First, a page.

Mi Hyun decided to try the LPGA as well. But she did not have the benefit of a big sponsorship, so she could not get a big name coach. She tied for 12th at Q School in 1998 and was on her way. In 1999, her rookie year, she would travel from tournament to tournament in a van with her parents. To save money, they would stay in economy motels and eat in their room. A documentary of the LPGA aired in Korea in 1999, and showed Peanut's plight. It also, unfairly, showed Se Ri staying in a nice hotel and eating lobster. The result was that Mi Hyun overnight became more popular than Se Ri, who was now perceived as 'spoiled'. Of course, they didn't show Se Ri during the times she was taking a bus to tournaments! Another result of the documentary was that a sponsor stepped forward for Mi Hyun and gave her enough money to live more comfortably. Things also improved financially when Mi Hyun started doing well after a rough start in her first few tournaments. Akiko Fukushima got off to a strong start her rookie year and took the lead in the Rookie of the Year standings, but Mi Hyun kept getting better, and finally won twice to edge Akiko for the honors. For the second straight year, a Korean had won the award.

The tiny but plucky Mi Hyun Kim has continued to be a fan favorite on both sides of the Pacific. With her diminutive size, it's astonishing that she can hit the ball at times 265 - 270 yards. Pound for pound, she may be the longest driver in all of golf (Sergio Garcia might be close). She won again in 2000, but victories eluded her in 2001. She did finish second many times. Perhaps the most heart breaking result was in the British Open, where she was perfectly poised to win her first Major until her rival Se Ri Pak came out of nowhere to steal the title. At least the rumor is that they are getting along better. Supposedly Se Ri gave Mi Hyun a birthday present at the start of the 2001 season, and Peanut snuck out of a shared lunch at the British Open to do an interview when it looked like she would win the title, so as not to hurt Se Ri's feelings, who at the time was not seemingly in contention.

Mi Hyun worked hard in the off season, overcoming an unusual (for Koreans) aversion to practice (she had even bought a sports car that was too small to hold her clubs so she wouldn't even be tempted to go to the driving range!). The work paid off: she won twice in 2002, and had two more great chances to win besides that. In all, she ended up breaking a million in earnings for the first time, and finished a career best 4th on the money list.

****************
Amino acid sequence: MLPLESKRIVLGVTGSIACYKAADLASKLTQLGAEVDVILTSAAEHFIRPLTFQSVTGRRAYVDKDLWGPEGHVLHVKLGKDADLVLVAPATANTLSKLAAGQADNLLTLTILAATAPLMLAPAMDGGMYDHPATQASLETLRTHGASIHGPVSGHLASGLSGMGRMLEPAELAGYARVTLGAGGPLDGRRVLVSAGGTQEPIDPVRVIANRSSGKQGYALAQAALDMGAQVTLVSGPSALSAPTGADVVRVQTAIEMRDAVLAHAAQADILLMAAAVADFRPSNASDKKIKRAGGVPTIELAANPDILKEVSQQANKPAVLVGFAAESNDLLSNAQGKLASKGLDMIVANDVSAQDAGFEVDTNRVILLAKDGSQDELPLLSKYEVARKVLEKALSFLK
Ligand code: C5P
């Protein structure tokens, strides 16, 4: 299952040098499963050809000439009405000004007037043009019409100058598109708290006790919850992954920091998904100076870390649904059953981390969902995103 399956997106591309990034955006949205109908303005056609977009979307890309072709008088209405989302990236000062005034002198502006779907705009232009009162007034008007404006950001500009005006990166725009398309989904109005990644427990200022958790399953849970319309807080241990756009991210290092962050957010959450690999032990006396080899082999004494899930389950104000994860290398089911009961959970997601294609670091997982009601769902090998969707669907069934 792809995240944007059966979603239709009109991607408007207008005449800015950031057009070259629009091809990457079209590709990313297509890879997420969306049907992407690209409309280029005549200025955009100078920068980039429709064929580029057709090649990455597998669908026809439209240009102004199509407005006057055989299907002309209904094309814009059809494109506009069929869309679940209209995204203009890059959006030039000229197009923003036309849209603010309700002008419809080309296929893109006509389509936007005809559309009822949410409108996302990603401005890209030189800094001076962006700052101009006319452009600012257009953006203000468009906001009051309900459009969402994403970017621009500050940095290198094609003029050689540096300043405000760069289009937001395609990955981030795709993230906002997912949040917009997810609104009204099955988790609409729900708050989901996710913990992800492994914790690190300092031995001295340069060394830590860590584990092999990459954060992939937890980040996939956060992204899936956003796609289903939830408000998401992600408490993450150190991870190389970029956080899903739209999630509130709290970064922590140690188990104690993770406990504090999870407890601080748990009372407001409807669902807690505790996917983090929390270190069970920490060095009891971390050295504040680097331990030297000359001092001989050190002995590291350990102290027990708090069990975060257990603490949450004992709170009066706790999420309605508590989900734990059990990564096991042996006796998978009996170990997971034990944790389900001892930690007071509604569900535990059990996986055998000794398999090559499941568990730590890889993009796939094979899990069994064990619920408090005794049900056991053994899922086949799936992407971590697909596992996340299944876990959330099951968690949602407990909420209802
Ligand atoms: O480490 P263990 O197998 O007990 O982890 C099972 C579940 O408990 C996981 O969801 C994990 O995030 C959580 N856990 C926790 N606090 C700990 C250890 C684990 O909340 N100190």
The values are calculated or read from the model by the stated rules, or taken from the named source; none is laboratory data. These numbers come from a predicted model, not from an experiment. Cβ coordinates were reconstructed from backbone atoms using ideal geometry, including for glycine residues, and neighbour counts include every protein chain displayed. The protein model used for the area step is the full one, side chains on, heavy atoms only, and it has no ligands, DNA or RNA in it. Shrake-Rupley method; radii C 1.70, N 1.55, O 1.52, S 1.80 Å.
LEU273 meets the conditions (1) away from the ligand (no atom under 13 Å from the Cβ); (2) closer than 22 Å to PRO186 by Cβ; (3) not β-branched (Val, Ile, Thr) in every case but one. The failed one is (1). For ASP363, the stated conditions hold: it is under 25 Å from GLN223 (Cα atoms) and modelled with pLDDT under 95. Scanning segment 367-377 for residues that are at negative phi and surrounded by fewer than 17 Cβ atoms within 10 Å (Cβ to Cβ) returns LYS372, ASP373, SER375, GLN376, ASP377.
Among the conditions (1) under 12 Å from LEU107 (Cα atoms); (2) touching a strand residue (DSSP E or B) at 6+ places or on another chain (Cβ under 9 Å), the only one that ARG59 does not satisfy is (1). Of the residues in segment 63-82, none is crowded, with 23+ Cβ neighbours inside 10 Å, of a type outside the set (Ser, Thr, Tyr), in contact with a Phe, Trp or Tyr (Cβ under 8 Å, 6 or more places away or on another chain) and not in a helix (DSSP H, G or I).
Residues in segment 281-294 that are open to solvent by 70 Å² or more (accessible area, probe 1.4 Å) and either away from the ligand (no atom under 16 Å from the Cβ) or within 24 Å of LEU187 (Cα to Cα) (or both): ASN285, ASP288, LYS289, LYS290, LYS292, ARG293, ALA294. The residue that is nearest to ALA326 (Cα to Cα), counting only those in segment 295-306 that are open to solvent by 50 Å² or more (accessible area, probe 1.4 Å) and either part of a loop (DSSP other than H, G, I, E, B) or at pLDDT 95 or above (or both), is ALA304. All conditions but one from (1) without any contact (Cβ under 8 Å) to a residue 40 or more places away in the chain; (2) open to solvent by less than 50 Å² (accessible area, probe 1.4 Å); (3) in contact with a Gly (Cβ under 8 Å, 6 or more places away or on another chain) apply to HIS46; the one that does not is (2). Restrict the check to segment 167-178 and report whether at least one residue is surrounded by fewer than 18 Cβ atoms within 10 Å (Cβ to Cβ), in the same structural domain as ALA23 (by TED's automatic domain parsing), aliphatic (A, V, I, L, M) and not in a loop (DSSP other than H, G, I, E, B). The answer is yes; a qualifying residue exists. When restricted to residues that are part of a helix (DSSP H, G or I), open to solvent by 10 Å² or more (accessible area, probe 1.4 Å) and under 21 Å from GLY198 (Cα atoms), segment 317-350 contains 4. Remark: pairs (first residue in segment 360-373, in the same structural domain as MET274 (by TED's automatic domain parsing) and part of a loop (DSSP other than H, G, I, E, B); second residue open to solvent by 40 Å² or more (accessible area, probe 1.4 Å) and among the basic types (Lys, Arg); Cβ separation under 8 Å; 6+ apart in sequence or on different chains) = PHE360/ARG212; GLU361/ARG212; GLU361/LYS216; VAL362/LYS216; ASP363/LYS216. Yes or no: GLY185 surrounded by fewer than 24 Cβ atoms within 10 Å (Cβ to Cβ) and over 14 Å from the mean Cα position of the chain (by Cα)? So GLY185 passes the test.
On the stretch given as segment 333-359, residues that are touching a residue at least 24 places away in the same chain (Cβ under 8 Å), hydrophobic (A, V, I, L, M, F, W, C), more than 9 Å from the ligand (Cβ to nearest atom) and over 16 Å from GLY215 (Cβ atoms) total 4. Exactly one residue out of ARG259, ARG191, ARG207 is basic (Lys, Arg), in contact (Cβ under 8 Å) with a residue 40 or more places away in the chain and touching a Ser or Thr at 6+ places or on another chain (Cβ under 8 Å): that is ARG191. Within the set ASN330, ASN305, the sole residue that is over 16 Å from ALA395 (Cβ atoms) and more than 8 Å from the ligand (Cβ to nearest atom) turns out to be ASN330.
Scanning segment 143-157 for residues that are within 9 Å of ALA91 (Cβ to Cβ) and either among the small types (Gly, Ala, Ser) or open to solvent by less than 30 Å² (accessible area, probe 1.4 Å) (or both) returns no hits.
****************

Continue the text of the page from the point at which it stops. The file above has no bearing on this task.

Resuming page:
Mi Hyun got a new club sponsorship and clothing deal in 2003, but once again, victories eluded her. This time, however, she was not even coming close to winning, unlike in 2001, and as a result she had her worst LPGA season yet, finishing 20th on the money list. Surprisingly, her putting was the chief culprit: she had so much trouble with it that at times she even resorted to using a bizarre, super small-headed ('stubby') practice putter in competition.

Between the 2003 and 2004 seasons, Mi Hyun rededicated herself to her game. She traveled to Thailand and participated in an extremely rigorous training program for several weeks. This program basically involved lots of working out, lots of golf practice, and little else. It paid great dividends in the 2004 season. Although she was not able to win an event, she chalked up a career best 15 top tens during the year, third best in the league and tops among the Korean players in 2004. She earned nearly a million dollars, the most money anyone ever made on tour without winning an event, and finished 7th on the money list. All indications were that 2005 would be a great season.

But in fact, 2005 was one of her weakest seasons since joining the LPGA. She did manage 9 top tens, but even that was her second lowest total since joining the league. She had a couple of chances to collect her elusive sixth win, but could not do it. She wound up 23rd on the money list, her worst ever finish. Her slump was not as bad as other Korean stars Grace Park and Se Ri Pak in 2005, but it was a slump all the same.

Nonetheless, at the end of the year, her primary sponsor KTF decided to sign her up for another three years, albeit at a significantly reduced rate from the previous contract. With her sponsorship taken care of, Kimmie could focus on returning to the top ten in 2006, and maybe even the winner's circle.